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Do You Want Your Church to Grow? (3)

You are called to inspire others. To be inspired is to feel motivated and excited about what you are doing. The story is told of a little boy sitting in church with his mother. On the platform behind the pastor were three flags; the little boy asked her about the first one. 'That's our nation's flag,' she said. Then he wanted to know about the second flag. She whispered, 'That's the Christian flag.' Finally he asked about the third flag. Telling him to be quiet, she whispered, 'That's for those who died in service.' Innocently he asked, 'Which service did they die in, the morning or evening service?'

Yes, your church should be a place of reverence and order, but it should also be alive with the power and presence of God. A sign on a little country store said it all: 'There's no place anywhere near this place, that's anything like this place, so this must be the place!' That's what God wants His church to be. You ask, 'What was church like back in the days of the early apostles?' Distinctive! Dynamic! Demonstrative! 'When they had prayed, the place where they were assembled...was shaken; and they were all filled with the Holy Spirit, and they spoke the word of God with boldness.' According to the latest opinion poll, nowadays a 'committed' church member is somebody who attends church twice a month. Wow! The New Testament believers went every day. Furthermore, 'They were all (every member) filled with the Holy Spirit, and they spoke the Word of God with boldness.'

Jesus is many things - but boring isn't one of them. So let's invite people, instruct them and inspire them!

Soulfood : 1 Sam 14-15, Lk 2:36-52, Ps 98, Prov 17:1-3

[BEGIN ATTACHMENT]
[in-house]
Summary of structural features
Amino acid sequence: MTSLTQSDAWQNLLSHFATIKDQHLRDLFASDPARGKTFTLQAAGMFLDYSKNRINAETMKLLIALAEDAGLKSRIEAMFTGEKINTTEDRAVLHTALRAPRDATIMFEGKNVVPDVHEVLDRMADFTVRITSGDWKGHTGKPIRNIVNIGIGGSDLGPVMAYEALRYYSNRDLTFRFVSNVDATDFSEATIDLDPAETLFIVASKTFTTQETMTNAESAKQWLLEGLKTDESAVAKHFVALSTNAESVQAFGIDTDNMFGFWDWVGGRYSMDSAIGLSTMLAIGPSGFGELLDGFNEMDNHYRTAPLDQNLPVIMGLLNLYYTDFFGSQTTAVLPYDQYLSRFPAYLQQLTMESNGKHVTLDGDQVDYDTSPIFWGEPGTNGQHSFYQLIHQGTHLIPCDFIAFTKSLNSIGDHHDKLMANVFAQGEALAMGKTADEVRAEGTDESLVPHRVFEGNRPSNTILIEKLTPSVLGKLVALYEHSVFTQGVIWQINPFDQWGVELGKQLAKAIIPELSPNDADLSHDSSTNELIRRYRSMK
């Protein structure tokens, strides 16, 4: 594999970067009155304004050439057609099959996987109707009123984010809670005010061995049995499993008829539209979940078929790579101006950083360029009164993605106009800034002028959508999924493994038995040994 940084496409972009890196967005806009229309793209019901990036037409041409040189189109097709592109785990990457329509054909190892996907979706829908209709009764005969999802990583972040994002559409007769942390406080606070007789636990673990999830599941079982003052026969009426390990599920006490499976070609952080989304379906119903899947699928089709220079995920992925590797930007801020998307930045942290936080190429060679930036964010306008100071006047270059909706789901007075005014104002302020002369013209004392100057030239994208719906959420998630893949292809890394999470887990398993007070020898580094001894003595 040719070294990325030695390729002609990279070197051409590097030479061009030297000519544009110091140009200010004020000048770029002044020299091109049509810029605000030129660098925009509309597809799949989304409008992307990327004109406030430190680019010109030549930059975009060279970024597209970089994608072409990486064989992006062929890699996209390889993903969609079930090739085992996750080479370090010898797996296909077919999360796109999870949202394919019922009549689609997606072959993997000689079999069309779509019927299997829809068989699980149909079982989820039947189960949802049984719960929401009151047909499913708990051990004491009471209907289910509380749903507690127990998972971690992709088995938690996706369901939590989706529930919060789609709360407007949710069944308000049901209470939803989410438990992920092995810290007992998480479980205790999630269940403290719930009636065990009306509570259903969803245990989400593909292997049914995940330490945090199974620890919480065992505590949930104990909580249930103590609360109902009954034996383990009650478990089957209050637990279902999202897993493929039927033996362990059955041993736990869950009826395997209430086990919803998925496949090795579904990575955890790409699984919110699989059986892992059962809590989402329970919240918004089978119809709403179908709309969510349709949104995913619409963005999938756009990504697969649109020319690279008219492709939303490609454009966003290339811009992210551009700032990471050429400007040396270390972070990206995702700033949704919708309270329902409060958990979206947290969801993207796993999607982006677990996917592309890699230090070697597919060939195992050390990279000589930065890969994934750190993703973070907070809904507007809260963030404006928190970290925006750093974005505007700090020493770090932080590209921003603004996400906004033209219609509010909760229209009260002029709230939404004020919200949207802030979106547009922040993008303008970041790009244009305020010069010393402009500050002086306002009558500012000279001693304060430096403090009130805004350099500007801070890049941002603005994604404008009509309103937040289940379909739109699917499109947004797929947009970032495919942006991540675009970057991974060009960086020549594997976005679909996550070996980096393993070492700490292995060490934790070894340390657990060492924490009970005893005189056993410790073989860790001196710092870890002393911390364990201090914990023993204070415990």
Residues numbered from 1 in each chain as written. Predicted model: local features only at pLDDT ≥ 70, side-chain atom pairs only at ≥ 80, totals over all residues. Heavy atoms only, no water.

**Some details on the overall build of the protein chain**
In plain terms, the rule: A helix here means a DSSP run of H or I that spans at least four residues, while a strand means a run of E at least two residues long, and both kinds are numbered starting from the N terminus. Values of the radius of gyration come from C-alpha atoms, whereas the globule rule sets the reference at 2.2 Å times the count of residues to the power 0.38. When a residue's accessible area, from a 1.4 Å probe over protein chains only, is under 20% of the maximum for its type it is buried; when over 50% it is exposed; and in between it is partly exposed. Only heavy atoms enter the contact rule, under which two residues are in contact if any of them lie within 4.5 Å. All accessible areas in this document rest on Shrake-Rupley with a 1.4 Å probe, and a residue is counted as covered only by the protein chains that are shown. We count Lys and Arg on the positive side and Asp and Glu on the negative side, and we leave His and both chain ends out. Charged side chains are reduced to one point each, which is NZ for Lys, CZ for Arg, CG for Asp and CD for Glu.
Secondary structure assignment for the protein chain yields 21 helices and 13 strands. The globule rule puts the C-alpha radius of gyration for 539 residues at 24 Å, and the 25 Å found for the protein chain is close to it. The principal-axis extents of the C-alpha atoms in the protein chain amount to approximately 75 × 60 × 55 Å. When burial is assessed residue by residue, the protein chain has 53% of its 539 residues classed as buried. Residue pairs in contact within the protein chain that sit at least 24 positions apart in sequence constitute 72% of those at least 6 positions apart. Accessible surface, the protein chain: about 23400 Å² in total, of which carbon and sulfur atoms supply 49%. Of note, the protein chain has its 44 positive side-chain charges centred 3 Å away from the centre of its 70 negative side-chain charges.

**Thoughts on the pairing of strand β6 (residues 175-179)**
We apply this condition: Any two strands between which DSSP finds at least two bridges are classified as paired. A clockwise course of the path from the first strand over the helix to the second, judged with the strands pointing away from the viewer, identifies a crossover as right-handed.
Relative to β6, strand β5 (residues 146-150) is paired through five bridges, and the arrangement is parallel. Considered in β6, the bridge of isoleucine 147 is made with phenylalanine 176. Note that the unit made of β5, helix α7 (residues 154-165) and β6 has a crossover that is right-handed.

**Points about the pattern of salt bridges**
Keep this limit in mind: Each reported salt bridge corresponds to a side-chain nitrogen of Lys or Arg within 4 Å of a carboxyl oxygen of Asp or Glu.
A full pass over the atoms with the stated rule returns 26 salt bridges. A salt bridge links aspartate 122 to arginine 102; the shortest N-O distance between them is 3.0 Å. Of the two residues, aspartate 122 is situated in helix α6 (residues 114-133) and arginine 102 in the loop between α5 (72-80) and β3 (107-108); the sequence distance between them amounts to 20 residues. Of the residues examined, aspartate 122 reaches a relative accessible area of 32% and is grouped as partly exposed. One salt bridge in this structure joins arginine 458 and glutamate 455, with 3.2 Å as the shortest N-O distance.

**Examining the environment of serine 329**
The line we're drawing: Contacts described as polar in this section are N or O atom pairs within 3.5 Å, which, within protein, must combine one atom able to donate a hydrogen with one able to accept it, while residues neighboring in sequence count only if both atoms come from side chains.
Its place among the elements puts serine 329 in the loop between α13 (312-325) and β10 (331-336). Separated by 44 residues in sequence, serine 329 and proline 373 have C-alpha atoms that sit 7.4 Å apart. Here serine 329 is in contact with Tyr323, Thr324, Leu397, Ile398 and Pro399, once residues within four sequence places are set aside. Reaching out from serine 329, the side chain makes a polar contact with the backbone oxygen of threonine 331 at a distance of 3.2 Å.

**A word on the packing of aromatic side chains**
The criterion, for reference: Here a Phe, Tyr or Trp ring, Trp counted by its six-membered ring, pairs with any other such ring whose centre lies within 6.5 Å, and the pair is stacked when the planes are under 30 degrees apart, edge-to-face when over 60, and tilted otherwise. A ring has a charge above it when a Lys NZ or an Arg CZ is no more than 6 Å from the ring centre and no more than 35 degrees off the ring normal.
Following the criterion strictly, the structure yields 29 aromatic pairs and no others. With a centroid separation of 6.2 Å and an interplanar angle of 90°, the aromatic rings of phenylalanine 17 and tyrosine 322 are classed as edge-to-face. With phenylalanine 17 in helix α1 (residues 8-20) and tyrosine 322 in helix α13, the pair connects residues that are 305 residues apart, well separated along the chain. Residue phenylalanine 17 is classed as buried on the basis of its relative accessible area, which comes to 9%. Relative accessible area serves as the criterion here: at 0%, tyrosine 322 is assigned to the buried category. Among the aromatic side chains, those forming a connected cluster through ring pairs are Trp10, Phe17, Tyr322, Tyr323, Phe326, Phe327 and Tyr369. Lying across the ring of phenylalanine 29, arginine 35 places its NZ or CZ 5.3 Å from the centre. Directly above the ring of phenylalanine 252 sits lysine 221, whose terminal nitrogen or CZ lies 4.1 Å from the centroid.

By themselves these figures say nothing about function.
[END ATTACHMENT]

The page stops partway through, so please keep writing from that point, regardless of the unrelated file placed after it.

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Do You Want Your Church to Grow? (2)

You are also called to instruct others. 'Go...make disciples...teaching them to observe all things that I have commanded you...' (Matthew 28:19-20 NKJV). When your focus is on not only winning people to Jesus but making them disciples of Jesus, He promises, '...I am with you...' (Matthew 28:20 NKJV).

Today we are raising a scripturally unenlightened generation. In a survey conducted in New York City, nine out of ten people couldn't repeat one of the Ten Commandments or name one of the first four books of the New Testament. One man thought Dan and Beersheba were husband and wife! Another thought an epistle was the wife of an apostle! We smile, but it's a deadly serious issue. God said, 'My people are destroyed for lack of knowledge.' Jesus said, '...Are you not in error because you do not know the Scriptures...' (Mark 12:24 NIV)? Many of the problems we seek counselling for could be resolved and in some cases avoided altogether, if we took time each day to get into God's Word. The reason many of us are spiritually sick is not because the medicine failed, but because we don't take it. Basically, we're all motivated by reward. So read this: 'This Book of the Law shall not depart from your mouth, but you shall meditate in it day and night, that you may observe to do according to all that is written in it. For then you will make your way prosperous, and then you will have good success' (Joshua 1:8 NKJV).

Do you want to be strong spiritually? Get into the Scriptures. Do you want to succeed in life? Get into the Scriptures.